OM = GWR (GGGF + BBC + MED + TPM)

Where:

OM = Outstanding Management

GWR = Great Working Relationships

GGF = Giving and Getting Great Feedback

BBC = Being a Brilliant Coach

MED = Maximum Effective Delegation

TPM = Time and Priority Management

On a scale of 1-10 how do you rate your ability (and success) in developing Great Working Relationships?  How many working relationships do you have that don’t work so well?  What are you doing to improve them?  What could you do, in the next few days, that would increase your own score by 1?

On a scale of 1-10 how do you rate your ability in Getting and Giving Great Feedback?  Do you give and get feedback on daily basis?  Do people respond to it? Or are you wasting you breath?  Do you respond to feedback?  What was the last piece of feedback that changed your behaviour? What could you do, in the next few days, that would increase your own score by 1?

On a scale of 1-10 how do you rate your ability in Being a Brilliant Coach?  Do you coach every member of your team, every week to improve their performance in critical areas?  Or do you leave it to the annual performance review? What could you do, in the next few days, that would increase your own score by 1?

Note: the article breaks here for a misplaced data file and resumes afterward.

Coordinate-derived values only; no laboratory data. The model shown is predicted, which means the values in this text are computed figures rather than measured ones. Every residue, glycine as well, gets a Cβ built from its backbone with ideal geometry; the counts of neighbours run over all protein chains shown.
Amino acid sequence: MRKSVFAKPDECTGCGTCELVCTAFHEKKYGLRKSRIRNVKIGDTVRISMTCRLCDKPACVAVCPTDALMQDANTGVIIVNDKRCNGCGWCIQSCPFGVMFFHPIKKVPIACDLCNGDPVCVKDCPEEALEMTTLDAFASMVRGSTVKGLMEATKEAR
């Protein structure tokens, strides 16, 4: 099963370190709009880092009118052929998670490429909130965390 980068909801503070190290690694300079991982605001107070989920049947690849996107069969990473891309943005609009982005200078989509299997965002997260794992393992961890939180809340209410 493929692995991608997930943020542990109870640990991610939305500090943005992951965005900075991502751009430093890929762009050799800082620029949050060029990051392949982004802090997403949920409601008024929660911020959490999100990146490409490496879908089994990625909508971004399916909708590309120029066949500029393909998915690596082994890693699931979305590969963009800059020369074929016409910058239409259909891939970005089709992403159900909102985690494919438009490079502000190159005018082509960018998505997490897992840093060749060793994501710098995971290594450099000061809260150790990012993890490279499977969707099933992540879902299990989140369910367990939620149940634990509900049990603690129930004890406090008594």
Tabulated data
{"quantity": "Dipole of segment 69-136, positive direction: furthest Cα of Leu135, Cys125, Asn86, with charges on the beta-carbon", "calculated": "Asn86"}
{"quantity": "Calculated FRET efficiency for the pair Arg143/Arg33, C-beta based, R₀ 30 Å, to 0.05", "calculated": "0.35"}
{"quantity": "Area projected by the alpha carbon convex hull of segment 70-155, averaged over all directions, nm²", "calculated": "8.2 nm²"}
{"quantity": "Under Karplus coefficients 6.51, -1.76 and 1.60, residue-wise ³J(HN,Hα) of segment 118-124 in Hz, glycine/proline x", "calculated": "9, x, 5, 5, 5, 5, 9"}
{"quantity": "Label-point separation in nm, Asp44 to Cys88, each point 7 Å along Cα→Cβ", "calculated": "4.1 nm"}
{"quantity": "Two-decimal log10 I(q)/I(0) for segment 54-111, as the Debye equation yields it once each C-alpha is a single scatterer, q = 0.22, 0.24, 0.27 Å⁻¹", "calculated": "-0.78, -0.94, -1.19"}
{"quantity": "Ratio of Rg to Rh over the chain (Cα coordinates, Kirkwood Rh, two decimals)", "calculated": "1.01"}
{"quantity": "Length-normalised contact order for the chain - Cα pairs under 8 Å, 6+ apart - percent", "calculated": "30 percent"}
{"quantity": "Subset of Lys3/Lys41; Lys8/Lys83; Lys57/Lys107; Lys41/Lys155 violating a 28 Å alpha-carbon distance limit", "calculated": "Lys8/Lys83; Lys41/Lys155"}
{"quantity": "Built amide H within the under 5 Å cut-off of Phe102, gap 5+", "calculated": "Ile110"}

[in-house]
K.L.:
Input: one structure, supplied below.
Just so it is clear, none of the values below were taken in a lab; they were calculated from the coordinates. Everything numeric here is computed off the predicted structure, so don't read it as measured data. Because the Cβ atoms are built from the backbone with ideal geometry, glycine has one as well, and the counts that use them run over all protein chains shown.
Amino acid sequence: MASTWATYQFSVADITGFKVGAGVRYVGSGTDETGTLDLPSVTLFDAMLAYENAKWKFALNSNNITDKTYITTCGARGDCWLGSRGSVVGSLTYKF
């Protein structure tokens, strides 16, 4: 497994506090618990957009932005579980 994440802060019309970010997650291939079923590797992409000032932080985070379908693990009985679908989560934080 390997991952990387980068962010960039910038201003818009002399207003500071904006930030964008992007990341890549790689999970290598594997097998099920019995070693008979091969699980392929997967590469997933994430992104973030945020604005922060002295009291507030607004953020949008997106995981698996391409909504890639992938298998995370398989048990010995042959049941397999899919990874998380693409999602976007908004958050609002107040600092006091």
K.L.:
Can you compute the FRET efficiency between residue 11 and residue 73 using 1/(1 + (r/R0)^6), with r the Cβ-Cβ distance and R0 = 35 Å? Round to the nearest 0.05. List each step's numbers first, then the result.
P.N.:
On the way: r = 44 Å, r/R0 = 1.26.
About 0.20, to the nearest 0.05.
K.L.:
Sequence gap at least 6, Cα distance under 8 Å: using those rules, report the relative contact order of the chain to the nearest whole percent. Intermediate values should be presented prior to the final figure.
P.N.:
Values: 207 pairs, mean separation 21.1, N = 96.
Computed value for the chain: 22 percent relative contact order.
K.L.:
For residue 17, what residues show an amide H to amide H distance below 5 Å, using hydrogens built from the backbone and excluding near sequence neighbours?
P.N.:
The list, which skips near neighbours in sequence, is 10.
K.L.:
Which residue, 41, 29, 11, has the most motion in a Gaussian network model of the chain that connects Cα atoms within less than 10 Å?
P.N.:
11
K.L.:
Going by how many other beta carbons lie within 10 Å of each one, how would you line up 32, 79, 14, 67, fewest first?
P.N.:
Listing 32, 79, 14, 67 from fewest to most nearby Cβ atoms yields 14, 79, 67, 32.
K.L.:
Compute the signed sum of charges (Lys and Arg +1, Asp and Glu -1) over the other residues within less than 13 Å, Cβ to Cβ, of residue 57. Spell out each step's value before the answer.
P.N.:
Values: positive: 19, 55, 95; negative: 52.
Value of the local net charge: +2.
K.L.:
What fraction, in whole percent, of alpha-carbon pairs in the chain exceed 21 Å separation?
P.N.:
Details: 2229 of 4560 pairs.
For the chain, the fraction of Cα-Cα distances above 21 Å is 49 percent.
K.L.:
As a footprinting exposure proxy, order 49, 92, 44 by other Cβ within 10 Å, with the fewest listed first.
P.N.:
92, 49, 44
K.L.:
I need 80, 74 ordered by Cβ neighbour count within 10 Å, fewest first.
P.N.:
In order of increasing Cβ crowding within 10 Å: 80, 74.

On a scale of 1-10 how do you rate your ability in Maximum Effective Delegation?  Do you have a scheme of delegation and a bomb proof process for making delegations that work?  Or do you just think it is quicker and easier to do it yourself? What could you do, in the next few days, that would increase your own score by 1?

On a scale of 1-10 how do you rate your ability in Time and Priority Management?  Do you get all of your work done in your contracted hours?  Or do yo work additional hours for free?  Do you spend most of your time on the most important, highest return areas?  Or do you spend a lot of time working for little apparent return? What could you do, in the next few days, that would increase your own score by 1?

So, how did you score?

If you are interested in scoring better and would like further resources to help please do take a moment to sign up using the box on the right.

Your comments too are always welcome!

Thanks

Mike Chitty

 

Update on the Be A Better Manager Book

You may already know that for some time I have been threatening to write the book on ‘How to Be A Better Manager‘.

And I still am.

But I have been thinking a bit about what I am actually trying to achieve with writing the book, and how best to achieve that purpose.